Hybrid nanomaterials (nanohybrids) are composed of two or more components - at least one of which is nanoscale - exhibiting many distinct physicochemical properties and hold great promise for applications in optics, electronics, magnetics, new energy, environment protection, and biomedical engineering. Different types of nanohybrids have been successfully synthesized via microfluidic processes or hybrid microfluidic-batch processes. The synthesis of nanohybrids using microfluidic-based processes can fulfill many challenges present in conventional bottle batch methods.
An recent analysis of the combined effect of nanoparticles and substrates on the concentration of mobile ions in liquid crystals considers both 100% pure and contaminated with ions substrates and nanoparticles. The results could be very useful for engineers trying to apply nanotechnology to liquid crystal devices. Specifically, the control of mobile ions in liquid crystals by means of nanoparticles and substrates of the cell tailored for specific applications - liquid crystal displays, light shutters, switches, modulators, etc.
Paper electronics - putting flexible electronic sensors and other circuits on regular paper - have the potential to cut the price of a wide range of medical tools, from point-of-care diagnostic tests to portable DNA detectors. In new work, researchers have now shown an integration strategy to rationally design an ultra-low cost health monitoring device, a Paper Watch, using recyclable household materials: non-functionalized papers.
Researchers have developed a highly manufacturable deep reactive ion etching based process involving a hybrid soft/hard mask process technology that shows high aspect ratio complex geometry Lego-like silicon electronics formation enabling free-form (physically flexible, stretchable, and reconfigurable) electronic systems. This hybrid mask enables deep sub-millimeter etching while preserving existing devices and structures and is advantageous for many applications, including lego like concept for pre-packaging modules/system integration.
Compact optical components are crucial to realize miniaturized optical systems and integrated optoelectronic devices. Plasmonic metasurfaces - structured materials in 2D with rationally designed, subwavelength-scale building blocks - have drawn great interest because they can control light based on subwavelength structures. These planar devices are attractive for applications ranging from high resolution imaging to 3D holography. New work describes the design and prototyping of single-crystalline TiN plasmonic metasurfaces based on subwavelength hole arrays.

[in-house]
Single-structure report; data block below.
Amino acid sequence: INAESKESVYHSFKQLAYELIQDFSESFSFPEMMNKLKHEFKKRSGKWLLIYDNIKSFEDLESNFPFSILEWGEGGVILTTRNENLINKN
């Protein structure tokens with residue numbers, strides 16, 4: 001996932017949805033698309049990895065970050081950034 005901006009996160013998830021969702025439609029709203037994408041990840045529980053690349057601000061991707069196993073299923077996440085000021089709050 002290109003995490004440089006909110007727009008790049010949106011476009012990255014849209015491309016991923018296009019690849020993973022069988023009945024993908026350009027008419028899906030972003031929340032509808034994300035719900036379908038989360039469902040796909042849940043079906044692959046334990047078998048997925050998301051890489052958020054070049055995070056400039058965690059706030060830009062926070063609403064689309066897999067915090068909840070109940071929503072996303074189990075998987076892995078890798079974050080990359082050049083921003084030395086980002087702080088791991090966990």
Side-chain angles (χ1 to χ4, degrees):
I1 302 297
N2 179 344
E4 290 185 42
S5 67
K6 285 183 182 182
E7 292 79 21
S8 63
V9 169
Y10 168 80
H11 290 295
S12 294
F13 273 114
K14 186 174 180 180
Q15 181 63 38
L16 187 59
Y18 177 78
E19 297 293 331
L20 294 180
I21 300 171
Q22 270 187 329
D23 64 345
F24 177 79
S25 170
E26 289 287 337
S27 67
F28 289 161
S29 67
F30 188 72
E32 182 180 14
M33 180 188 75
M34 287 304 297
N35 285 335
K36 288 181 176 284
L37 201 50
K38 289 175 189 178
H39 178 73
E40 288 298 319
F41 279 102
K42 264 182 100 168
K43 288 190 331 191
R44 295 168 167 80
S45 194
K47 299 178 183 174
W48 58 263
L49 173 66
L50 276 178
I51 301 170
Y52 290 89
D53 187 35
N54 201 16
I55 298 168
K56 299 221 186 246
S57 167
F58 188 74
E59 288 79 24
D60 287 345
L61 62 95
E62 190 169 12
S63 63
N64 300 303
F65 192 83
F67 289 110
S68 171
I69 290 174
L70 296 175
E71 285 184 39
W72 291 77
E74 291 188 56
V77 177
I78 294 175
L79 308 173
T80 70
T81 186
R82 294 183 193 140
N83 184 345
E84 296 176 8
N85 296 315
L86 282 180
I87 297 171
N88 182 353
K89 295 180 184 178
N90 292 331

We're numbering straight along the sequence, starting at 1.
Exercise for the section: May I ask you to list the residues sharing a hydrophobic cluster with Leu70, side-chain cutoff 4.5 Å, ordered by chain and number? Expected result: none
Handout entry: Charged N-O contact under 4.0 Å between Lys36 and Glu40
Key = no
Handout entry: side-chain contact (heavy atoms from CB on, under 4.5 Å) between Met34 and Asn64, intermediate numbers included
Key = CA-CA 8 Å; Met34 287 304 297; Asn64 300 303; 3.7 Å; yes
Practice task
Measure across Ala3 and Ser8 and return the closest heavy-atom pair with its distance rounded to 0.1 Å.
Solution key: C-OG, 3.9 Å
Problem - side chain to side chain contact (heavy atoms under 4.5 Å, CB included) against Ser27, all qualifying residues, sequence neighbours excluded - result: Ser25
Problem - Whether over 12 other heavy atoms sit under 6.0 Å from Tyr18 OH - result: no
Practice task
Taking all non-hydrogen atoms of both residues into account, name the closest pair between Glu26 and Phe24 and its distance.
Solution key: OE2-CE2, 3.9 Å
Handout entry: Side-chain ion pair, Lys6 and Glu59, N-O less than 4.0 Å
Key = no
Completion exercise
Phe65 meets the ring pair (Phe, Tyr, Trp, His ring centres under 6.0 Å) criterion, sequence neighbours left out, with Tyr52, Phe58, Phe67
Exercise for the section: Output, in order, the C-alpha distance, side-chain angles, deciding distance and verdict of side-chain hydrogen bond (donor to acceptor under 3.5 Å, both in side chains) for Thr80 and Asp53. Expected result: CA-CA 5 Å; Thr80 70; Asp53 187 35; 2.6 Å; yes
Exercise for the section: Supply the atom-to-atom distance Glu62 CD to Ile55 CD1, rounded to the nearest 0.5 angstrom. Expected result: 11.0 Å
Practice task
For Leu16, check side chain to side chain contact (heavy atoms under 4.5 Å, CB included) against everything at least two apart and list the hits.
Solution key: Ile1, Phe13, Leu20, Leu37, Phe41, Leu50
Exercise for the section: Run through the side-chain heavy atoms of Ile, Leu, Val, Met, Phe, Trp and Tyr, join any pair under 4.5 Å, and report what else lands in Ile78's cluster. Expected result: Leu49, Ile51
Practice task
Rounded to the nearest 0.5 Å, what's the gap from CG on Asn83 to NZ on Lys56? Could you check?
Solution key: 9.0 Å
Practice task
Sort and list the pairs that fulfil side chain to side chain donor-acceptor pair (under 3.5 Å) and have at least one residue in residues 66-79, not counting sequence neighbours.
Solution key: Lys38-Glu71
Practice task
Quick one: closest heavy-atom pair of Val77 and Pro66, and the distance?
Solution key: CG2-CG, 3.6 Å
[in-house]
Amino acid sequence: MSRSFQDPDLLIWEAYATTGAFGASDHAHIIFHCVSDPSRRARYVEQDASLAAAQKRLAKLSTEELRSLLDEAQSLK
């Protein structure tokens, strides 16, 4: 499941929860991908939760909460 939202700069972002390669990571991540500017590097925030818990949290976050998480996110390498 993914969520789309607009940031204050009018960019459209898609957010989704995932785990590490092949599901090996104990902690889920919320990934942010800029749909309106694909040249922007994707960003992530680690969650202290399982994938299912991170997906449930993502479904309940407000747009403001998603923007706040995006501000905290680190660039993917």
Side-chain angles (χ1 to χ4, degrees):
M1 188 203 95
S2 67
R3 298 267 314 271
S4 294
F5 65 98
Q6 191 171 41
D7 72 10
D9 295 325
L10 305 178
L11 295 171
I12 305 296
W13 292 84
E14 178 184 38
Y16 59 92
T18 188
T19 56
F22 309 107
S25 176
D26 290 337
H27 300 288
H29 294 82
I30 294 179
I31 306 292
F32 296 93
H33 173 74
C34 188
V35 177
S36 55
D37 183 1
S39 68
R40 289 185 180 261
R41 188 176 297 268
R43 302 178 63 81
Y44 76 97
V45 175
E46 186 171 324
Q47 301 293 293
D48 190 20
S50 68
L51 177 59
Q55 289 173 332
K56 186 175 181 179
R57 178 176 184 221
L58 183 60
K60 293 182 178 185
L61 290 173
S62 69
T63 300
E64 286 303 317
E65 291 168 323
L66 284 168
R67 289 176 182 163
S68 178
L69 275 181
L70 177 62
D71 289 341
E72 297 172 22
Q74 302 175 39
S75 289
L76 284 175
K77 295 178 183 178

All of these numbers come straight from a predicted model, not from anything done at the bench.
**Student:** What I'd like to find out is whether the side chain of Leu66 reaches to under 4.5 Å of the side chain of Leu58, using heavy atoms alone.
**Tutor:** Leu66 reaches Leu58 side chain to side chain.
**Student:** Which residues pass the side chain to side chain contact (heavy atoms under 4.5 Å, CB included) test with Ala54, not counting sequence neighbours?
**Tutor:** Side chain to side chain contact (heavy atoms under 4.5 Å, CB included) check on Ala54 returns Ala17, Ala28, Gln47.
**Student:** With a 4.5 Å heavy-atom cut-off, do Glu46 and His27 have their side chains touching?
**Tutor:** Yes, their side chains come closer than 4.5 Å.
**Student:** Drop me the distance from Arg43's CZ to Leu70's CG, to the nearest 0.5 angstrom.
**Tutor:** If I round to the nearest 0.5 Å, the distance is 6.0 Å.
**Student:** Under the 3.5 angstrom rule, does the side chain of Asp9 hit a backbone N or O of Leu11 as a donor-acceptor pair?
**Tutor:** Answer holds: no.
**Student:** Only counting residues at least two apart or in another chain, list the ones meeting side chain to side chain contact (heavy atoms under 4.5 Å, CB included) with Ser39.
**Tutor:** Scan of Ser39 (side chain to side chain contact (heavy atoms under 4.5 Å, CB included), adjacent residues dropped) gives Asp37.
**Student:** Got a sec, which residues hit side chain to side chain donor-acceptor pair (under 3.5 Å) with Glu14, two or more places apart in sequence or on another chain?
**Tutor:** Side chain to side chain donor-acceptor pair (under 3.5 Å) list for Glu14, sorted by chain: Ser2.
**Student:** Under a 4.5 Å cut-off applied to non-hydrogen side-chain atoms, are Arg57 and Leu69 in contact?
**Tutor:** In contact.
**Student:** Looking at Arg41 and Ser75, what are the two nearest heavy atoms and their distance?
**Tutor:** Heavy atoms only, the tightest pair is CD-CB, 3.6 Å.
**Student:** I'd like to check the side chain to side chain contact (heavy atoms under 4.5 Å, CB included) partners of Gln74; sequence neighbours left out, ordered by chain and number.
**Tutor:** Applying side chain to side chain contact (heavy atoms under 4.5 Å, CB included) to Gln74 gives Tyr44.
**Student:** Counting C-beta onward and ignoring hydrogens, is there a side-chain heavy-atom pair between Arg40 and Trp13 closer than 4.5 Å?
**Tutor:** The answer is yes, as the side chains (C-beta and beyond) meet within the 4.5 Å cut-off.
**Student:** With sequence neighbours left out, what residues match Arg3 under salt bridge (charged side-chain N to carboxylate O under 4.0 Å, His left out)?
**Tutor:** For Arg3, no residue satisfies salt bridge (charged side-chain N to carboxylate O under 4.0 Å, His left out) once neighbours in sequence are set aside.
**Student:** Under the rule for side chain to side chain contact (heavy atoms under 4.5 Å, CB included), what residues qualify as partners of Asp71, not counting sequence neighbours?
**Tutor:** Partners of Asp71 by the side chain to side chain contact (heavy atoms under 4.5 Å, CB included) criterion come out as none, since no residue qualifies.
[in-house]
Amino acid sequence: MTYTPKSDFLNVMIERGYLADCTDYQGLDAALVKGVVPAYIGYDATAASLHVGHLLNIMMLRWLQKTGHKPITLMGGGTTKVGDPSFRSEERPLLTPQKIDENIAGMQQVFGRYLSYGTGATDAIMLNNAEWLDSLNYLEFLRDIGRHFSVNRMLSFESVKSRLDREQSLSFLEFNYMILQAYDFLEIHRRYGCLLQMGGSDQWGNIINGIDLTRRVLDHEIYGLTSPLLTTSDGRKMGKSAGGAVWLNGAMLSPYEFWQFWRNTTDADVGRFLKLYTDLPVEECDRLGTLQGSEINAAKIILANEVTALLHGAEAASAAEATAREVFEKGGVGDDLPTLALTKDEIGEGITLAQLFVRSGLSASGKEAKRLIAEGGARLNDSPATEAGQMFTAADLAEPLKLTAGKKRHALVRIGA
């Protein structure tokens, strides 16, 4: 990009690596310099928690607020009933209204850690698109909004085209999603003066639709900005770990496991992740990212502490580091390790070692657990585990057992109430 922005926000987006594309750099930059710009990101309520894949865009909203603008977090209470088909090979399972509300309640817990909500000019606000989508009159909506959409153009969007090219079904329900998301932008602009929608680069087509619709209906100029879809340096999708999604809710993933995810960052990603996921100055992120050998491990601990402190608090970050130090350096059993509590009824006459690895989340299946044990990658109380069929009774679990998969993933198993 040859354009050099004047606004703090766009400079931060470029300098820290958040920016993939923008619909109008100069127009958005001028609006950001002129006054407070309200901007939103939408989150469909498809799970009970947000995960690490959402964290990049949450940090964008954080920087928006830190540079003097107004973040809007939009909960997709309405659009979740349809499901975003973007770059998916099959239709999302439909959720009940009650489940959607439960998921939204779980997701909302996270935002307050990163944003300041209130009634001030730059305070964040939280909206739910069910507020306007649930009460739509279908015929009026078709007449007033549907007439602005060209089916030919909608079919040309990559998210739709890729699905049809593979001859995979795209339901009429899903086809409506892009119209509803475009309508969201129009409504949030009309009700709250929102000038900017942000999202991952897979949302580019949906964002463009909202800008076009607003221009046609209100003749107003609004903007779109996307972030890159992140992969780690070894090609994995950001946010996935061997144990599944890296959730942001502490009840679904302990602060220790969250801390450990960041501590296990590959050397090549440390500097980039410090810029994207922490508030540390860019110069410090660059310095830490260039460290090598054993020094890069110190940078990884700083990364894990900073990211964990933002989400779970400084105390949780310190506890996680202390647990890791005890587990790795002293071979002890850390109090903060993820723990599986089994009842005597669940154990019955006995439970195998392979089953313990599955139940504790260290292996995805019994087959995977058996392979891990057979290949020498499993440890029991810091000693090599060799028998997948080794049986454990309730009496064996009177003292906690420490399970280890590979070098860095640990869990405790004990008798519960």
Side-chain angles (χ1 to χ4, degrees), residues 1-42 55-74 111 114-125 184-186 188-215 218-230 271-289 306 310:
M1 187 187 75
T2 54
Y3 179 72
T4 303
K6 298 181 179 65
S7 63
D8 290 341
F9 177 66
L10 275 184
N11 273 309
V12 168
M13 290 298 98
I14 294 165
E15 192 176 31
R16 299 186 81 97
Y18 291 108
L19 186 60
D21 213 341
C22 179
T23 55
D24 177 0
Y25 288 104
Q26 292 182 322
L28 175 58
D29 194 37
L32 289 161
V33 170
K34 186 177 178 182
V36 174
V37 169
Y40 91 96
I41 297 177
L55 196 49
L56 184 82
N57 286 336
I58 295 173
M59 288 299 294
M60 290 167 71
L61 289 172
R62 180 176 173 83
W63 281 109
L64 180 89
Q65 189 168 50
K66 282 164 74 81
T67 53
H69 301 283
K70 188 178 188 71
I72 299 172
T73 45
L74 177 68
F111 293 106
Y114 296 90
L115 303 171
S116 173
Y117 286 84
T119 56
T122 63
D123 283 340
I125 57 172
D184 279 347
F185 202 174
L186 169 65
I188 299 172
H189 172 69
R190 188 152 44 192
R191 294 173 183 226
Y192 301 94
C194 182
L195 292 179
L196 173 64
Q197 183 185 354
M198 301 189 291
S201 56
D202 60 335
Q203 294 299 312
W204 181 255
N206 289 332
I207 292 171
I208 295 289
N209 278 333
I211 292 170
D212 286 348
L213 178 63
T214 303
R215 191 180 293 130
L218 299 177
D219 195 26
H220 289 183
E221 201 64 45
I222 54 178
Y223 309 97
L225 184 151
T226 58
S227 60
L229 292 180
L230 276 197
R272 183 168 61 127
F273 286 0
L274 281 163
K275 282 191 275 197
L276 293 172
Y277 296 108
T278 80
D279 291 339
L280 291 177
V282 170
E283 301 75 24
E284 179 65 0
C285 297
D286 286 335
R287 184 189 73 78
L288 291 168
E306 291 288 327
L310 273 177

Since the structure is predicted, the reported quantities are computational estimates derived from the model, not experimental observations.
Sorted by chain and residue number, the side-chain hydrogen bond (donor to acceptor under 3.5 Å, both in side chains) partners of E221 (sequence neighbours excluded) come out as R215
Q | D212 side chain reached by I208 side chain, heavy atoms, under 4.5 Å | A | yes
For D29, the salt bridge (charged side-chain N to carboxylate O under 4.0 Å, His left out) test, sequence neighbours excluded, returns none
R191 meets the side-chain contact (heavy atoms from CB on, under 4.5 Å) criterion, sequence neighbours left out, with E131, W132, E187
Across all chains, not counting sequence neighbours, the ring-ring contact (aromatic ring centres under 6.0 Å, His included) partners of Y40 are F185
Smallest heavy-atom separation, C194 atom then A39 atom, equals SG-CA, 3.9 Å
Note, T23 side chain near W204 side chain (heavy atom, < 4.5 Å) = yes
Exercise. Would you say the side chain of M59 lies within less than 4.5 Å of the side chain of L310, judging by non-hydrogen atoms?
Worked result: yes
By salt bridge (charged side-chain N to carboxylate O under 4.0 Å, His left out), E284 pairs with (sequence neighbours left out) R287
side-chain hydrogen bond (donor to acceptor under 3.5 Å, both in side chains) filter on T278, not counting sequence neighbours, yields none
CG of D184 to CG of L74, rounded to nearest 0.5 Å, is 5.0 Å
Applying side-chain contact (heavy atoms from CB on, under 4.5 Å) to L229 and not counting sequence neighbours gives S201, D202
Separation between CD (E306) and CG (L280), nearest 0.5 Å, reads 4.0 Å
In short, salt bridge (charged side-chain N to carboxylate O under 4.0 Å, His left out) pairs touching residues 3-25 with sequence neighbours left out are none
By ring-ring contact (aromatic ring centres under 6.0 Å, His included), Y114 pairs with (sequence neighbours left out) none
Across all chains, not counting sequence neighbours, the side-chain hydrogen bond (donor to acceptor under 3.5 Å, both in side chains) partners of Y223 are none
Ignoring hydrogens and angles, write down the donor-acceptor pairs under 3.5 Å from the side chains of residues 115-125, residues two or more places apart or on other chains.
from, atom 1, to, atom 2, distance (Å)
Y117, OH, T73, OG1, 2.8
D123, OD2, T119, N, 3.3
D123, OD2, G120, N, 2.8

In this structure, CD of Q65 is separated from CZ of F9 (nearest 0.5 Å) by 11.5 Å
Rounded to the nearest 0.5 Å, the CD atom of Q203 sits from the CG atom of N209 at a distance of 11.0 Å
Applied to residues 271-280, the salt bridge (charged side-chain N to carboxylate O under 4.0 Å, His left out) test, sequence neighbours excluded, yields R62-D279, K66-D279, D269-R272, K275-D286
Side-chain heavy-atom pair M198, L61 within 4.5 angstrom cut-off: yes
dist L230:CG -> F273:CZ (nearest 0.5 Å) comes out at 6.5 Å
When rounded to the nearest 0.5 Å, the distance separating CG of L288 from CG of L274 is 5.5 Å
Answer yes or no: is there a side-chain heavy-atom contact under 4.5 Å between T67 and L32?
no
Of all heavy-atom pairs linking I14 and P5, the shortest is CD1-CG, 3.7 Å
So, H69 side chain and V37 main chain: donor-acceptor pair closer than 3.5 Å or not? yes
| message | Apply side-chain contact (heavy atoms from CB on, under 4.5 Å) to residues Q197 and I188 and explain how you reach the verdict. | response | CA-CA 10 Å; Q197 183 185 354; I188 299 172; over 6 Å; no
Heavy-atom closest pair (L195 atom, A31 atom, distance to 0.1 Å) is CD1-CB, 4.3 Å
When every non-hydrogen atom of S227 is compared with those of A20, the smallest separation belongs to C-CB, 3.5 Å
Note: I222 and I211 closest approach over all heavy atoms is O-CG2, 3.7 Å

Liquid crystals used in modern devices such as laptops, tablets and smartphones typically contain a small fraction of ionic contaminants. These ion contaminants can originate from multiple sources during the chemical synthesis of materials, in the process of assembling the device, and in its daily use.
In the case of LCDs, mobile ions in liquid crystals lead to such undesirable effects as image sticking, image flickering, and slow response. A promising solution to reduce the concentration of mobile ions in liquid crystal devices can be found by merging liquid crystals and nanotechnology.
Frost and ice accumulation result in significant decreases in the performance of ships, wind turbines, and heat exchangers. The use of active chemical, thermal, and mechanical methods of ice removal is time consuming and costly in operation. The development of passive methods to inhibit condensation, frost and ice formation is an attractive alternative. Examples are anoengineered anti-frost and anti-icing superhydrophobic and lubricant impregnated surfaces.
Paper, probably the cheapest and most widely used flexible and eco-friendly material in daily life, is a promising substrate for making flexible devices ranging from electronics to microfluidics, energy storage and sensors. In new work, researchers have developed a new and reliable method to achieve conformal coating of individual cellulose fibers in the paper and the fabrication of a metal electrode via patterning of gold and silver layers on the coated paper.